Wednesday, September 21, 2016

Geography lesson

I keep my clothes so long, I have stuff in my closet, "Made in the U.S.A." But getting something new (for my birthday) is always an opportunity to study geography. Try it. Made in China is so yesterday.

Today's outfit (lavender, purple and beige print on white cotton) was made in Malaysia. What an interesting country--tiny, multi-ethnic and multi-cultural. About half are Malays, and the others, although citizens, are ethnically Chinese, Indians, and indigenous peoples. Its politics are race based. They have a British style government with both a king and a prime minister, and the state religion is Islam. It's been in its current configuration of various states since 1965. This tiny country has a GDP rate of 6.5% that makes us look like we're over regulated and run by socialists! It's the descendants of the Chinese and Indians that really drive the economy, although they aren't the "real" Malay (must be Muslim), and there's friction (Wikipedia).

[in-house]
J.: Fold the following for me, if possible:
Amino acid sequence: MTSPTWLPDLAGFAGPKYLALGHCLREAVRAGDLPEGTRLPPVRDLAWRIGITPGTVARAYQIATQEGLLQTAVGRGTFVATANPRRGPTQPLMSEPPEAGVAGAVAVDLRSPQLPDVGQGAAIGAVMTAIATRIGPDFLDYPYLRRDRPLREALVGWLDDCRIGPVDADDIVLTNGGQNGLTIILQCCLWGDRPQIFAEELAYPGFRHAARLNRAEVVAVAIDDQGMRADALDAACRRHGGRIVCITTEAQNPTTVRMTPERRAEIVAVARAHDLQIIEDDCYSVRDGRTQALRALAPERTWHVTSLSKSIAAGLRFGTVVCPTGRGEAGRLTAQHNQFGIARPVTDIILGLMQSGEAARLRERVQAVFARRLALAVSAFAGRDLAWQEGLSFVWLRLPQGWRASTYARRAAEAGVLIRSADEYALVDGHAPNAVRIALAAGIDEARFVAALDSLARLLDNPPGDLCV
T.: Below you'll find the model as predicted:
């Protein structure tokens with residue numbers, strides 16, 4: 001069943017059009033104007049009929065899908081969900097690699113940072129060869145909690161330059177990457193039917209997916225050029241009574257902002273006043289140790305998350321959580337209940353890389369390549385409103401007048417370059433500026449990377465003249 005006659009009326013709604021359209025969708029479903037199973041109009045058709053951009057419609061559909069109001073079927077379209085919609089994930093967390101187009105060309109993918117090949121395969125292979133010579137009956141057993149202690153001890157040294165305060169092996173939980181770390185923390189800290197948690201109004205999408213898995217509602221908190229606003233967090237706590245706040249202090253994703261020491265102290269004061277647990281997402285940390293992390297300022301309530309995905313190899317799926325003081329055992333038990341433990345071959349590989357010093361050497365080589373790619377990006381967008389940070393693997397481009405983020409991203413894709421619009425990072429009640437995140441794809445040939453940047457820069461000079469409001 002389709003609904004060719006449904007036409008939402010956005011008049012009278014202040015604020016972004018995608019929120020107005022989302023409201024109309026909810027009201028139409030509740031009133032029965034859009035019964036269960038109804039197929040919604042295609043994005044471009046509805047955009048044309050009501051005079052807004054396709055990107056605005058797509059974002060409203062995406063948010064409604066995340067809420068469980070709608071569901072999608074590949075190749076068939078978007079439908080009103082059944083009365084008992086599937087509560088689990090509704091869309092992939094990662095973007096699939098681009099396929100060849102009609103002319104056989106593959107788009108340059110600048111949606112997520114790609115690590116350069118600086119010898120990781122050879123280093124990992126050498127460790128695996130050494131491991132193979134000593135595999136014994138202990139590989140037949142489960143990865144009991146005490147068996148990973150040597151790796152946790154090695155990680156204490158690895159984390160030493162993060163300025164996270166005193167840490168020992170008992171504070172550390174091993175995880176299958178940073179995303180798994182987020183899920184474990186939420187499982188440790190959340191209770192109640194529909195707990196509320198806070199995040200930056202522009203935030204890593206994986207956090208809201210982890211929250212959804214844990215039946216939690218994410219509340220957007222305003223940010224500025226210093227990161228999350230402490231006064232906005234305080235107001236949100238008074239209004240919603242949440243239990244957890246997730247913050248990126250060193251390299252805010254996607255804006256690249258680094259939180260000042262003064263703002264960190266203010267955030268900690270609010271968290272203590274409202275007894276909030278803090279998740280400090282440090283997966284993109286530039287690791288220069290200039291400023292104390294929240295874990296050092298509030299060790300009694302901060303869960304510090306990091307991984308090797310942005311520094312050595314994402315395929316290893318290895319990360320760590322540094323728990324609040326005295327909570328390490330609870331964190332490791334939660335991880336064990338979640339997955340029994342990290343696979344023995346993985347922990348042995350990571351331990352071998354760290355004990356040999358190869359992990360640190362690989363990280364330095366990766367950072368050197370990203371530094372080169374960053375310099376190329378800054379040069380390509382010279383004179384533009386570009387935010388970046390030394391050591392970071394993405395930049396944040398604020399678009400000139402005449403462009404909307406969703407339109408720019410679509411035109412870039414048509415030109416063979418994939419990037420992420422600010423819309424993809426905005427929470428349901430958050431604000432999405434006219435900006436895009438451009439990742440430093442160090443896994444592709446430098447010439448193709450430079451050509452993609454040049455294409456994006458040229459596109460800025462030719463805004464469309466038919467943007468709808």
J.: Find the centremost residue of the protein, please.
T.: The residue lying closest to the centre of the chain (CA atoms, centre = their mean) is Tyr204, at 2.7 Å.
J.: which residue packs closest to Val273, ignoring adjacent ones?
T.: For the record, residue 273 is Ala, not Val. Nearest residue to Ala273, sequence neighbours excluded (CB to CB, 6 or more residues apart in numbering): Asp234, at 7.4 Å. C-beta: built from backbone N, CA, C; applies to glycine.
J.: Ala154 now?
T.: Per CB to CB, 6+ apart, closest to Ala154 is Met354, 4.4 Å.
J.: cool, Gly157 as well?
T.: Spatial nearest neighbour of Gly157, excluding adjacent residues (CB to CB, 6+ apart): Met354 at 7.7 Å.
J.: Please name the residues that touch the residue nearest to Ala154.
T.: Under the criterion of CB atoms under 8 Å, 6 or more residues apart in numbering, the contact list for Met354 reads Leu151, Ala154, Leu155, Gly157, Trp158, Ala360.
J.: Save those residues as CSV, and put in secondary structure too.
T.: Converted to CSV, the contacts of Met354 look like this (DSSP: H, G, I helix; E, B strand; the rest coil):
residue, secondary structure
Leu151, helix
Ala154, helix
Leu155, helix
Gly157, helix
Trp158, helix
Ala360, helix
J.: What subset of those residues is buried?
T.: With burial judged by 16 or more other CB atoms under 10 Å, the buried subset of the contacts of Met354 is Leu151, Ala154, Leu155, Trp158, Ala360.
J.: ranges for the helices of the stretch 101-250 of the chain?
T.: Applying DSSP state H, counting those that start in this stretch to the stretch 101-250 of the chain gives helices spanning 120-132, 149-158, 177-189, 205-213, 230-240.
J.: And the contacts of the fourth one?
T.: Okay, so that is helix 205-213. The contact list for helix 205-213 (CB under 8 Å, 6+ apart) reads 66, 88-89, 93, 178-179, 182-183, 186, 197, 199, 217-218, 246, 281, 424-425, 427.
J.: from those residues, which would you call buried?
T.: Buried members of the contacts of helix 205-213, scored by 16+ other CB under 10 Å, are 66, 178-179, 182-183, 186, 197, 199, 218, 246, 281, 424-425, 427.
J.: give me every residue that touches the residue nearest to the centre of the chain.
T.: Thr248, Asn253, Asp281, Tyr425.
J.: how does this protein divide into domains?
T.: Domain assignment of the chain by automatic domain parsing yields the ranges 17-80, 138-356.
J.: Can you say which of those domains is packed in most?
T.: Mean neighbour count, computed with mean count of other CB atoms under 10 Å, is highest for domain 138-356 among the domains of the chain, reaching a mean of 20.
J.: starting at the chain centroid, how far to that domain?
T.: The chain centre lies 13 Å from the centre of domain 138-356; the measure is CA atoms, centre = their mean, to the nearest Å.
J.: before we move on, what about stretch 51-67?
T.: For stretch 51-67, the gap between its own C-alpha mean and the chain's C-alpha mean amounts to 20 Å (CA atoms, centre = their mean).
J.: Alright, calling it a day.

I see nothing wrong with global companies, some based in the USA, to look for the best deal for their investors elsewhere. (Nor did Donald Trump when he had his clothing line.) The cotton may actually be grown in the U.S.--it travels all over the world. Same for the fabric dye. The machines may be American made, and possibly the ships and crews (although that's probably not the case anymore). The designers and marketers and retailers are probably Americans. If we could get the corporate tax rate under control (highest in the world making us non-competitive), the actual cutting and sewing of the shirt might come back.

According to 2014 data from the OECD, the combined federal and state statutory corporate tax rate for the United States is 39.1 percent. The average of the other 33 members of the OECD is 24.8 percent — 14.3 percentage points lower than the U.S. rate. (Forbes)

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